One thing is for sure, just as complaints are growing increasingly complicated, employer obligations are also rising. One misstep in a seemingly simple complaint can cost an employer big time. However, most employees upon arriving at the HR office to make a complaint do not have just simple complaints with one issue. Unresolved, their problem may have built up and increased in complexity over time. Sometimes there are personal problems an employee hides until it affects their job performance and their supervisor may be less than cooperative.
Sometimes an employee raises an issue to the supervisor who mishandles their complaint thereby seriously worsening what started as a simple matter. Frustratingly, the employee may have reported their situation to someone who although required by policy to pass on their complaint, for whatever reason did not. Often these mishandling of complaints not only exacerbated the problem but also allow the opportunity for the oldest emotion in the book to flourish – revenge, manifesting itself as retaliation, and requiring a second investigation before the first investigation is resolved.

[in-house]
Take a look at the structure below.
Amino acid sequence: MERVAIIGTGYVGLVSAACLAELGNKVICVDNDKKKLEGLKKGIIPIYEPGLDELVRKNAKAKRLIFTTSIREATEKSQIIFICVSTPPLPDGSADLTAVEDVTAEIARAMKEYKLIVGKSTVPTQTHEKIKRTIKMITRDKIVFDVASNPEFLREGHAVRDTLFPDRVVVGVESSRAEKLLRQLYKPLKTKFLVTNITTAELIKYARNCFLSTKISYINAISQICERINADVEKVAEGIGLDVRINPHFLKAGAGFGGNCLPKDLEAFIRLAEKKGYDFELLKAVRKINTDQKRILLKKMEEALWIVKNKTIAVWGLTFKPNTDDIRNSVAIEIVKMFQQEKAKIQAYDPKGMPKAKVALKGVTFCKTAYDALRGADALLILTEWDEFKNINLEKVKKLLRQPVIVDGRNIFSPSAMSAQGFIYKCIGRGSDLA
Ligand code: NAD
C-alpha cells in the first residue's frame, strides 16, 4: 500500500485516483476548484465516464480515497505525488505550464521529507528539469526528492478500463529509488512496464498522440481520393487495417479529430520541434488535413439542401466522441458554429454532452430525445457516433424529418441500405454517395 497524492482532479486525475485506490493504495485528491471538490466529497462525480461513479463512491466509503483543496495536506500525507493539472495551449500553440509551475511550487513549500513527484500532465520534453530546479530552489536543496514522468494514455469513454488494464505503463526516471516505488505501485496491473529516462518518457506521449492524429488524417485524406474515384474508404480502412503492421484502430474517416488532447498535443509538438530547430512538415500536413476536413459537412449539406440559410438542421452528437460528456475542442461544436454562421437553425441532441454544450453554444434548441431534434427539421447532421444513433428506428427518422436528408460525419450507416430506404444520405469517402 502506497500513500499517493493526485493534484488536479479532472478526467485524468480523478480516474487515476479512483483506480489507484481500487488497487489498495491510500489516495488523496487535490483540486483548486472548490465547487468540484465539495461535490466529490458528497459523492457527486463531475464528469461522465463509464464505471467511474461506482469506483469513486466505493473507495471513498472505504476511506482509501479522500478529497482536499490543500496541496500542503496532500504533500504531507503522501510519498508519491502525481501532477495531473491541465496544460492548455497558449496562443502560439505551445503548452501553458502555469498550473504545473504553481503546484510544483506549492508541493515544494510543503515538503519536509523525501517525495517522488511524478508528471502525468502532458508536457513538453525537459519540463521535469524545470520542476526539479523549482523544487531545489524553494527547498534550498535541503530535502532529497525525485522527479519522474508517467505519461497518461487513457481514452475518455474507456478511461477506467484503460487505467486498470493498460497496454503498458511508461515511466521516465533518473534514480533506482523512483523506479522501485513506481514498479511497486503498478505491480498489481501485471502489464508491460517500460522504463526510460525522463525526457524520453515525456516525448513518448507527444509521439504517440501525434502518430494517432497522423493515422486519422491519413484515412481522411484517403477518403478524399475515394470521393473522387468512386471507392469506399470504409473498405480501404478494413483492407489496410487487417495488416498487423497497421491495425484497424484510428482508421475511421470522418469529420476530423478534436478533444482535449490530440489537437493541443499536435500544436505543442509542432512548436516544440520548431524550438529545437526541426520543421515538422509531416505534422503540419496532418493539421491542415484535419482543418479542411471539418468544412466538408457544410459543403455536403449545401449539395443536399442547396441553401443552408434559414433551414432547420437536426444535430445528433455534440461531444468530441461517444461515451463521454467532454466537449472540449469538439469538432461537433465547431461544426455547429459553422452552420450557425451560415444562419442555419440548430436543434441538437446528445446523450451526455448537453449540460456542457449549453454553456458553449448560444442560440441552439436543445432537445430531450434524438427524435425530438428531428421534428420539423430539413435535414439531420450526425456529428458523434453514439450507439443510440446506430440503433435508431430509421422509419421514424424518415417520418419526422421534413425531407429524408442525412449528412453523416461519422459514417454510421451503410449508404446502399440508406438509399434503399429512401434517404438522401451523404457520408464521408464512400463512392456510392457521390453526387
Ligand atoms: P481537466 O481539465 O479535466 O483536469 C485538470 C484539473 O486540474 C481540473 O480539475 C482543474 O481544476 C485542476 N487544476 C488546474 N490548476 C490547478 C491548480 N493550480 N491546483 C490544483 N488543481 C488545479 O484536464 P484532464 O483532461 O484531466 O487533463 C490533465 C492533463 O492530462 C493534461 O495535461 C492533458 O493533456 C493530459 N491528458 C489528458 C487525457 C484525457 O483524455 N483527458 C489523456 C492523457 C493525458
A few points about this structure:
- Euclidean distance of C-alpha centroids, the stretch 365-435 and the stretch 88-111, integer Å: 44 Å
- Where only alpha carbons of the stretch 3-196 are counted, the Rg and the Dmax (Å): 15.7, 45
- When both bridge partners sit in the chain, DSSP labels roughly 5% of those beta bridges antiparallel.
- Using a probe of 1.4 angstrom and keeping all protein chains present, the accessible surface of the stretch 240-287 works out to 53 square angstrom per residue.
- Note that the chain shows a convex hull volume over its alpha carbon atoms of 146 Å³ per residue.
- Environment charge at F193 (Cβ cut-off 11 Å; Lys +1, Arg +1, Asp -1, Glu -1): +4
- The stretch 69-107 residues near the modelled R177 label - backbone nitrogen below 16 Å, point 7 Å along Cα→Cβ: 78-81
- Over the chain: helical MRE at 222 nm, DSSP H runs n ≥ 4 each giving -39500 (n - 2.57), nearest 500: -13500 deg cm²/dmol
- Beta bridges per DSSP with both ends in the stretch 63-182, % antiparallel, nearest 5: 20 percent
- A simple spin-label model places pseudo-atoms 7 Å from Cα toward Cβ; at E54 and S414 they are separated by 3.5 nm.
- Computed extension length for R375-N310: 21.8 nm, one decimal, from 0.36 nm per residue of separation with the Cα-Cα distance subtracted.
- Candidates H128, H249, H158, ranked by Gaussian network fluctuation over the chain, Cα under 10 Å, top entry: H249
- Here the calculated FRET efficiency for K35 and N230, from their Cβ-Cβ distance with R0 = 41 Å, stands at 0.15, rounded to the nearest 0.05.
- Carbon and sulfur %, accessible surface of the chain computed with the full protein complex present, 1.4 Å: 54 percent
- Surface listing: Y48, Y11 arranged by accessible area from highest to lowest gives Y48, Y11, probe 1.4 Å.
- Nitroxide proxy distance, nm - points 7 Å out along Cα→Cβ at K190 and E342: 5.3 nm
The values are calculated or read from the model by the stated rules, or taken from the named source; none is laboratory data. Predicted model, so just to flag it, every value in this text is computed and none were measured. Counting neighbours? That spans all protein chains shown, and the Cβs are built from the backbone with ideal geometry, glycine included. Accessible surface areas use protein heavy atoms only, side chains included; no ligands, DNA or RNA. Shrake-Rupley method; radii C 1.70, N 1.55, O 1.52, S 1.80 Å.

Today’s HR professional has to deal with increasingly complicated employee complaints. Employers increasingly are expected by law to keep go going to new lengths to protect and investigate employees’ claims. These investigations even if not required specifically by law, may be necessary for an employer to avoid certain types of liability. Would you know what to do if;
An employee complained her supervisor encouraging what she considered unsafe working practices, caused her injury.
An employee claims he is bipolar during a performance-counseling meeting.
Ten employees show up with a years’ worth of harassment complaint regarding one employee.
An employee who complained she was being harassed and reported it to her supervisor, (who did nothing), now claims both harassment and retaliation.
Areas to be Covered:
Determining what steps to take and when to take those steps during an investigation.
What to do when an employee drops a bombshell into a routine investigation.
What to do when an employee discloses an impairment during a performance investigation.
How to handle complaints that were reported to appropriate management persons but were never passed on to the right person.
The ever increasing scope (and liability) of retaliation claims. What you don’t know can hurt you.
What to do when an employee or a witness complains of retaliation during or after an investigation.
Dealing with managers behaving badly during investigations.
How to educate managers of their role in the investigatory process.
Dealing with interference and pushback.
Who will Benefit:
Human Resources Professionals
Safety and company management